Following a presentation yesterday at the yearly conference of the Finnish Literary Research Society, I presented today at the annual Finnish Urban Studies Conference – both conferences are organized this year in Turku, and suitably located in adjacent buildings.
My presentation is part of a 10-presentation double panel on cultural and social knowledge in interdisciplinary urban studies. Great to hear diverse presentations on this important topic and looking forward to meeting old friends and new colleagues from different academic backgrounds!
Narrative approaches for twenty-first century urban planning and theory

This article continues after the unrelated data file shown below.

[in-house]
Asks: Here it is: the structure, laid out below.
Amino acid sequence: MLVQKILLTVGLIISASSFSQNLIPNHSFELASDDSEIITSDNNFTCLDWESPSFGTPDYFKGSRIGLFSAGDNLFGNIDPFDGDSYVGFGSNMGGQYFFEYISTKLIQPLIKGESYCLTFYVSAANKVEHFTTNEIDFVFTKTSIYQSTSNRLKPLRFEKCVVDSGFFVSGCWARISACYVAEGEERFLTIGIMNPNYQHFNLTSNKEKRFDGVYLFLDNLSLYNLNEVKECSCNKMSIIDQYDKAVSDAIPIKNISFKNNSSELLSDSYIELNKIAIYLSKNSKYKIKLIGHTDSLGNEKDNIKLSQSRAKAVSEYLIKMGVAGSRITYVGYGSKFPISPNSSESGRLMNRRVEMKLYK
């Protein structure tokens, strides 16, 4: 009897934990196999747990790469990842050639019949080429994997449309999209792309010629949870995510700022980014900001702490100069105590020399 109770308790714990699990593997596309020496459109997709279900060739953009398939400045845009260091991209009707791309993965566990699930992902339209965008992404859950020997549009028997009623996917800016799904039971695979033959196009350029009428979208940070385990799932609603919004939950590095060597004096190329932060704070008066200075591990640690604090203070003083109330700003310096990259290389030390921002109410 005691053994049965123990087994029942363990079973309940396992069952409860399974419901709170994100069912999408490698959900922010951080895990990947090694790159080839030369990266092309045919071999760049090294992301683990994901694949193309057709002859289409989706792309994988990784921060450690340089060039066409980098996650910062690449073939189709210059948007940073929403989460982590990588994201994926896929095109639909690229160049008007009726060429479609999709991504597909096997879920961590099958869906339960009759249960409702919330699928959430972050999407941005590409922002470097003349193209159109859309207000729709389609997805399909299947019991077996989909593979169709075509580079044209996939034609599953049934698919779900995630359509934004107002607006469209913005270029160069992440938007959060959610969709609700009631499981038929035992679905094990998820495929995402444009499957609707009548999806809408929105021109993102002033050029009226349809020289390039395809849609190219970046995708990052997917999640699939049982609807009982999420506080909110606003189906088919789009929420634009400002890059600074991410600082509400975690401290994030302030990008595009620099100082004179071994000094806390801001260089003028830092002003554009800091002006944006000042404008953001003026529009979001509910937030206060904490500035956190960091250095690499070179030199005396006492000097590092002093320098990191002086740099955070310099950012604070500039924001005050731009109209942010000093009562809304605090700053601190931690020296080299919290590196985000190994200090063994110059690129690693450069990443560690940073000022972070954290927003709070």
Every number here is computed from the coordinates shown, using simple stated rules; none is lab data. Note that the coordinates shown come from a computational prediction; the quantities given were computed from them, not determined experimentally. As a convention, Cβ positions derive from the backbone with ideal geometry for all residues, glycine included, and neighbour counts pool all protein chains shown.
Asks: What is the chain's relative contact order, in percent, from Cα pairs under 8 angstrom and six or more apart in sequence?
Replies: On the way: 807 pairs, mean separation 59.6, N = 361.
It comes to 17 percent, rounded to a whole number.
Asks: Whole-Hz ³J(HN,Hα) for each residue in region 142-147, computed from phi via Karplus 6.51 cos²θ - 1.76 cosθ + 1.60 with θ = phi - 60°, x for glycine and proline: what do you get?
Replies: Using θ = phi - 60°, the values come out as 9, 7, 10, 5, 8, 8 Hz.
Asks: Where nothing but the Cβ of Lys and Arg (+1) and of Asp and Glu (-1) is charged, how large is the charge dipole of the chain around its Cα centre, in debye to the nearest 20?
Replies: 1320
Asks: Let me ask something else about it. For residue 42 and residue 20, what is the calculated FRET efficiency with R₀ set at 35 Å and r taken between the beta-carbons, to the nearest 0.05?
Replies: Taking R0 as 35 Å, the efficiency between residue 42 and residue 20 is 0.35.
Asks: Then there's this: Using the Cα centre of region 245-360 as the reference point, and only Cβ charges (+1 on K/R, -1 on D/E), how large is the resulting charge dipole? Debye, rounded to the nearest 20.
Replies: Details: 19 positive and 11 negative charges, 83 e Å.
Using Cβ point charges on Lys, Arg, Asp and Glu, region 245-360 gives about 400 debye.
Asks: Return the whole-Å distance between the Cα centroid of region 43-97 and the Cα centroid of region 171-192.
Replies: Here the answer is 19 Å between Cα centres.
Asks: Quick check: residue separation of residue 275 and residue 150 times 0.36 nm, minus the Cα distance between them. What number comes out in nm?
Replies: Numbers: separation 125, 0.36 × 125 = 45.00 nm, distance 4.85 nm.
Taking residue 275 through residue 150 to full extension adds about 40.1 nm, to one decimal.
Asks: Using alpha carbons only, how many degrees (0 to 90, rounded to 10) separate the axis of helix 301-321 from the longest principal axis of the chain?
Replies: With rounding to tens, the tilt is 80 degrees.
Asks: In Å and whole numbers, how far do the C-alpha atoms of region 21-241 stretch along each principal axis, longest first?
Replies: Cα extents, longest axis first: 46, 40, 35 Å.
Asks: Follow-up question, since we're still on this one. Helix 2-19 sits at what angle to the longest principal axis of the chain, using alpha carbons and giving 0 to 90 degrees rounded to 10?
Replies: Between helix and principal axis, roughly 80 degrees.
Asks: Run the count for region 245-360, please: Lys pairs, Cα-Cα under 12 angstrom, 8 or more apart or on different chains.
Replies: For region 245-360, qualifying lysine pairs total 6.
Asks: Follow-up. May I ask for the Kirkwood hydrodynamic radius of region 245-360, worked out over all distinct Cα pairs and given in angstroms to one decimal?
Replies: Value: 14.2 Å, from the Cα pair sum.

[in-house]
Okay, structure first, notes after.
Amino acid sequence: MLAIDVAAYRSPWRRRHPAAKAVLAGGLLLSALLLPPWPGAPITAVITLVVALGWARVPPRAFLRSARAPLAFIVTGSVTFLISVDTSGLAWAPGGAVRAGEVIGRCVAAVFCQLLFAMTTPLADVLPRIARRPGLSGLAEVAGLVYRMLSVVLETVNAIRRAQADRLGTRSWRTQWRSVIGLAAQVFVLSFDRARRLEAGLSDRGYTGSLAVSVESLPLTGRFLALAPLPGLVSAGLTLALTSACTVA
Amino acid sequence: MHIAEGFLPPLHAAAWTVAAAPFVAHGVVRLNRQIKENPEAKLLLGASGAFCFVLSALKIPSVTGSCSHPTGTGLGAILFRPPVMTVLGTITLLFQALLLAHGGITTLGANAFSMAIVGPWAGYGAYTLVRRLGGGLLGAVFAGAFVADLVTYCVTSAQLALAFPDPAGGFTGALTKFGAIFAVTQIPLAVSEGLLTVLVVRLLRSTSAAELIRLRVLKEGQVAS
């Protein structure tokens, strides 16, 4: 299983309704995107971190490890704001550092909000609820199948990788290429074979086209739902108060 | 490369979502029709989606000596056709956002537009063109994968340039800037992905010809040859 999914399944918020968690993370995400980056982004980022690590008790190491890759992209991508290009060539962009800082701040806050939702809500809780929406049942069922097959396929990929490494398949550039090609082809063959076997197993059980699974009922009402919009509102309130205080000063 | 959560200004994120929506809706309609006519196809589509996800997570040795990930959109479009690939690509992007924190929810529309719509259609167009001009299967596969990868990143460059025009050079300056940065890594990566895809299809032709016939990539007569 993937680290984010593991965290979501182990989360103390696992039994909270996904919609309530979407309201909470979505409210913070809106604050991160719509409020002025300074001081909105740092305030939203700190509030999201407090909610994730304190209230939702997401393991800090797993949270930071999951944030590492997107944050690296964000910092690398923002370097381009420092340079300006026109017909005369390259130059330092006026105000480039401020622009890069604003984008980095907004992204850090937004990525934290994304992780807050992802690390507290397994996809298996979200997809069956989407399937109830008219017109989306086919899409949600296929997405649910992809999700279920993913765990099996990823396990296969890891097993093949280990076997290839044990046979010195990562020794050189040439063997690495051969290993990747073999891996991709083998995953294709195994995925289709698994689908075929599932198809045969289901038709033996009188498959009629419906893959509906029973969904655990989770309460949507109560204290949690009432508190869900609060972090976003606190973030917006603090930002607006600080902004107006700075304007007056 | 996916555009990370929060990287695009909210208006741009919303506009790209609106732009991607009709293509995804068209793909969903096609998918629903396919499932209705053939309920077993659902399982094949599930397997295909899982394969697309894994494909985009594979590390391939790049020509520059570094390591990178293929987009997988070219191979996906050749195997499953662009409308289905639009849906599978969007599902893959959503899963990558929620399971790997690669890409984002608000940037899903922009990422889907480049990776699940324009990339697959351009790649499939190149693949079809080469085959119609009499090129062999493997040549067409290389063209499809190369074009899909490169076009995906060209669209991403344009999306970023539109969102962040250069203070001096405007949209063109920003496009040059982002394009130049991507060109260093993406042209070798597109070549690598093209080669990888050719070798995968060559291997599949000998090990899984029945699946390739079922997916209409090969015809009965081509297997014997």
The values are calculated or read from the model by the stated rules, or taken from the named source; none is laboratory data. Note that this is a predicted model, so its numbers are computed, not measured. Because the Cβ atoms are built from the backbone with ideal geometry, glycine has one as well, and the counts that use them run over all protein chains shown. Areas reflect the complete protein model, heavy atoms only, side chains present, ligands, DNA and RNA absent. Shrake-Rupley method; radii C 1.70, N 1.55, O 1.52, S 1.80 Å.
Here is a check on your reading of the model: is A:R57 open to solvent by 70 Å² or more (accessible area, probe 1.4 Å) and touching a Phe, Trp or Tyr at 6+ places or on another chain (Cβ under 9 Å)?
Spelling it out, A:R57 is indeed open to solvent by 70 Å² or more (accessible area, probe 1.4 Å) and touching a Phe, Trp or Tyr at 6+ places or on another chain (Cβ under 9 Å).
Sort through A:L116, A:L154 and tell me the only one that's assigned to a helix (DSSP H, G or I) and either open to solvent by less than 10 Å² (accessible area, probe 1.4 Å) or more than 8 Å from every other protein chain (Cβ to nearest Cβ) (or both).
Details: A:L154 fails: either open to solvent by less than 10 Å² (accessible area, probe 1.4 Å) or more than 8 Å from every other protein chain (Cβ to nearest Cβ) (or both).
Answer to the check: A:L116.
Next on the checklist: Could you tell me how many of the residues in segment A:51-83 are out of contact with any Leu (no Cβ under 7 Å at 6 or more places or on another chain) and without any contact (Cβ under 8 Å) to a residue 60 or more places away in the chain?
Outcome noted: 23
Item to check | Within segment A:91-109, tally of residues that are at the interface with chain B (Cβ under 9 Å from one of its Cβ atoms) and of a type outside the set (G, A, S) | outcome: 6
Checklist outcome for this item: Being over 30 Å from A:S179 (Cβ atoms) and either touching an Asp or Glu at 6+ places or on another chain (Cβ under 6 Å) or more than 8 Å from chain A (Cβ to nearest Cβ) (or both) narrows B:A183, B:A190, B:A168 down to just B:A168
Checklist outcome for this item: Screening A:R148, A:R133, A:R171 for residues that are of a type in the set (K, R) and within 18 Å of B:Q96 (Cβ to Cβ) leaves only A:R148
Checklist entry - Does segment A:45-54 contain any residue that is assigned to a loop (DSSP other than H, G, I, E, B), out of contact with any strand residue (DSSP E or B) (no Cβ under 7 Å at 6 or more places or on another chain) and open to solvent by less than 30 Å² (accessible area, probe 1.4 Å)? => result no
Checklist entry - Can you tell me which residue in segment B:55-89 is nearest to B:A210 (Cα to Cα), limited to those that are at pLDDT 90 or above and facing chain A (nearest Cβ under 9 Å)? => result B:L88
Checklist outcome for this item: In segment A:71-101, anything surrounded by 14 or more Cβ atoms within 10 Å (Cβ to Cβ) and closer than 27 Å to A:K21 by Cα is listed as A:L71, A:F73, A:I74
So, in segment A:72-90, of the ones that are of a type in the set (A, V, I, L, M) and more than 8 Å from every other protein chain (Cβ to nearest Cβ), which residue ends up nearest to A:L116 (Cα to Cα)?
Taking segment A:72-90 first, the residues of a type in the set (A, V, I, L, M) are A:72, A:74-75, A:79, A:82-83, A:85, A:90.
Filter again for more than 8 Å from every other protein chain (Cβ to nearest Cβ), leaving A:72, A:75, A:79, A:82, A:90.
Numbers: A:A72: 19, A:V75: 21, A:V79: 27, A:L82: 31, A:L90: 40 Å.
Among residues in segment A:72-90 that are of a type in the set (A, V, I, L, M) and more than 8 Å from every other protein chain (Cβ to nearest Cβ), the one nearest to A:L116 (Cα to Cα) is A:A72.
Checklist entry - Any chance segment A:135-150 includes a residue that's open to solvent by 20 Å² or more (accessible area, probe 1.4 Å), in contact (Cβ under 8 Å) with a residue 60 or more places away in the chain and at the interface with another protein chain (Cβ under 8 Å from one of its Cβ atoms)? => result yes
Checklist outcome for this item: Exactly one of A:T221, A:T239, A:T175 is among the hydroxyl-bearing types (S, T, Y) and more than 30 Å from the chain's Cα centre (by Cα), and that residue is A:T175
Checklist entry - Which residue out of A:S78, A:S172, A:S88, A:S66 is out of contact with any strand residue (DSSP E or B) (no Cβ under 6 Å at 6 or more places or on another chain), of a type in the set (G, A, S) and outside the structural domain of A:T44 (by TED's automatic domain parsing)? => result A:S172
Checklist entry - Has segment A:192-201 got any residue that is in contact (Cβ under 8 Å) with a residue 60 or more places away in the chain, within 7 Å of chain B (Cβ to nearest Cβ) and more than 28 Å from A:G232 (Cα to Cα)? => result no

Following a tentative “narrative turn” in planning, what have been the benefits of drawing on narrative and literary studies when working in the field of urban planning and theory? This paper builds on three recently completed international projects: the COST action “Writing Urban Places. New Narratives of the European City” (hosted at TU Delft), the project “Scripts for Postindustrial Urban Futures: American Models, Transatlantic Interventions” (Ruhr region) and the project “PARVIS – Paroles de villes” (Paris). It identifies as central achievements: 1. clarification of concepts and methods; 2. clarification of innovative methods in teaching and participation; 3. identification of important points for further development. Productive approaches for further development in planning practices, based on narrative and literary methodologies, include among others: polyphony, open-ended storytelling, and narrative-purpose PPGIS. This paper draws on work published recently in the open-access book Narrative in Urban Planning: A Practical Field Guide (Ameel, Gurr & Buchenau).